Mitosis and Meiosis at first seem much alike for that they both are forms of cellular reproduction. Moreover, they go through similar stages such as interphase, prophrase, metaphase, anaphase, telophase, and cytokenisis. However, despite their similarities, these two processes are much different and have their own specific importance in cell reproduction. Mitosis evolved because it is a process that occurs in somatic cells and allows the division of a cell into two genetically identical daughter cells that are called diploids (2n) and have the total amount of chromosomes. In mitosis, the only difference between an animal cell and a plant cell will be during the cytokenisis stage. In an animal, cells are separated by a cleavage furrow, while they are separated by a cell plate in plant cells. Mitosis evolved within animals and plants to assure growth, cells repair, and the replacement of dead and damaged cells. Also, in plants, mitosis is important because haploids spores produced by meiosis grow into organisms that produce gametes by mitosis. Meiosis produces gametes in the sex cells of organisms, testes and ovaries in animals, and stamen and pistil in plants, and thus allows sexual reproduction. Cells produced by meiosis are called haploid for that they only have half the total amount of chromosomes (n). They will later combine with another haploid to form a diploid zygote (n + n = 2n). The big difference with mitotic cells is that cells produced by meiosis are not genetically identical. Cell differentiation is the process by which a daughter cell becomes different from its parent in appearance, function, or both. This is the reason why, for instance, a human offspring does not exactly look like his parents.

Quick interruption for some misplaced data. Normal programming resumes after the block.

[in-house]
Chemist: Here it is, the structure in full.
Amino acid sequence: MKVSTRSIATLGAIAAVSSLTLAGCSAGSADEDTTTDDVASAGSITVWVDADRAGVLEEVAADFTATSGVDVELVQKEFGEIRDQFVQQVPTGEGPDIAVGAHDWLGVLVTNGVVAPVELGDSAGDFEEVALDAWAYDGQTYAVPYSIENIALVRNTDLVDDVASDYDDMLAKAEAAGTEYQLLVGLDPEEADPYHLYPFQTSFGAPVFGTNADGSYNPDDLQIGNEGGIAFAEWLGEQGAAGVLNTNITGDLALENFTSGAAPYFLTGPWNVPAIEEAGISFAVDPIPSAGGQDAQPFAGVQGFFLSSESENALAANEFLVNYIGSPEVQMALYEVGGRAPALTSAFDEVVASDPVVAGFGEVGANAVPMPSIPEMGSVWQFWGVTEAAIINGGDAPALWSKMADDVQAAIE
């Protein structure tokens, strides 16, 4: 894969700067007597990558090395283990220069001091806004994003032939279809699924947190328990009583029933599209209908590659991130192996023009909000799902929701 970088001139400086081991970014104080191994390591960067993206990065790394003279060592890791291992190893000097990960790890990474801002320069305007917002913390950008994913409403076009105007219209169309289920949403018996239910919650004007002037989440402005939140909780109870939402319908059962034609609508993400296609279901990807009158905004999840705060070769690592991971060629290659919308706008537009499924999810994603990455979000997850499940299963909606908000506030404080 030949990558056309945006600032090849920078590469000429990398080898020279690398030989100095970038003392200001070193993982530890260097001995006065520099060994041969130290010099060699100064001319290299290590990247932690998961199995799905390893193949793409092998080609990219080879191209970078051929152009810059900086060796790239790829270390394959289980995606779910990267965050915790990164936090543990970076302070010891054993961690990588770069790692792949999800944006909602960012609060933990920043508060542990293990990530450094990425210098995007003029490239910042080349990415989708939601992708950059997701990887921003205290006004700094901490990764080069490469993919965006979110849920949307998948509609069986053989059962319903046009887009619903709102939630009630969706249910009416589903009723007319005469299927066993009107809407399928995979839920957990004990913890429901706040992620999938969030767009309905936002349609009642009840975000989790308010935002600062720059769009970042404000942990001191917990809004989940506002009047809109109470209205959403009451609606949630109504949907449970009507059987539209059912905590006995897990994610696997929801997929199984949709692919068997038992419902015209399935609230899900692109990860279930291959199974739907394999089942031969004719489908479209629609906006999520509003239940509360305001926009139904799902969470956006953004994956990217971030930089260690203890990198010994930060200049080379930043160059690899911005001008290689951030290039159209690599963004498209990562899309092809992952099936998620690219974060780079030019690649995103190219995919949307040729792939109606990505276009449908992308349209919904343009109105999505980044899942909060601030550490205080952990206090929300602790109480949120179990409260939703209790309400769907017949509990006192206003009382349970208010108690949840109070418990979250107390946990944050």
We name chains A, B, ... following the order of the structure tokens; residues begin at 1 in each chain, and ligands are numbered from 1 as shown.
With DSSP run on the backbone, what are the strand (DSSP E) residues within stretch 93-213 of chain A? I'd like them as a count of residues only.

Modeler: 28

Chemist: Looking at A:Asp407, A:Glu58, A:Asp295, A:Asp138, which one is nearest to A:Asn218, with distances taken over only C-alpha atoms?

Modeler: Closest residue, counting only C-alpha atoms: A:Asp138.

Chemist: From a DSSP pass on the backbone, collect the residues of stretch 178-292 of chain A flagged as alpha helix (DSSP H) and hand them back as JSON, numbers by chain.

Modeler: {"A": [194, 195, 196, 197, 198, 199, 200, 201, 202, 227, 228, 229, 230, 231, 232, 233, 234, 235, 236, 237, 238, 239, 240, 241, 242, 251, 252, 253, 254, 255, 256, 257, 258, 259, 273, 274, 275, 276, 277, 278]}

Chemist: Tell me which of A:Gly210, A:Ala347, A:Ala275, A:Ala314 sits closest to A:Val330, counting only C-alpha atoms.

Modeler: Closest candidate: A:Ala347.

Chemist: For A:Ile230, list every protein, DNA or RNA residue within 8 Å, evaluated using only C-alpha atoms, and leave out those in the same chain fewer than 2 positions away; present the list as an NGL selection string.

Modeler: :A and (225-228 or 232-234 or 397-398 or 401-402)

Meiosis is a really important process. The fact that it creates haploid cells permits to maintain the same exact number of chromosomes from generation to generation. If mitosis were the only cell reproduction process, diploid cells would fusion with.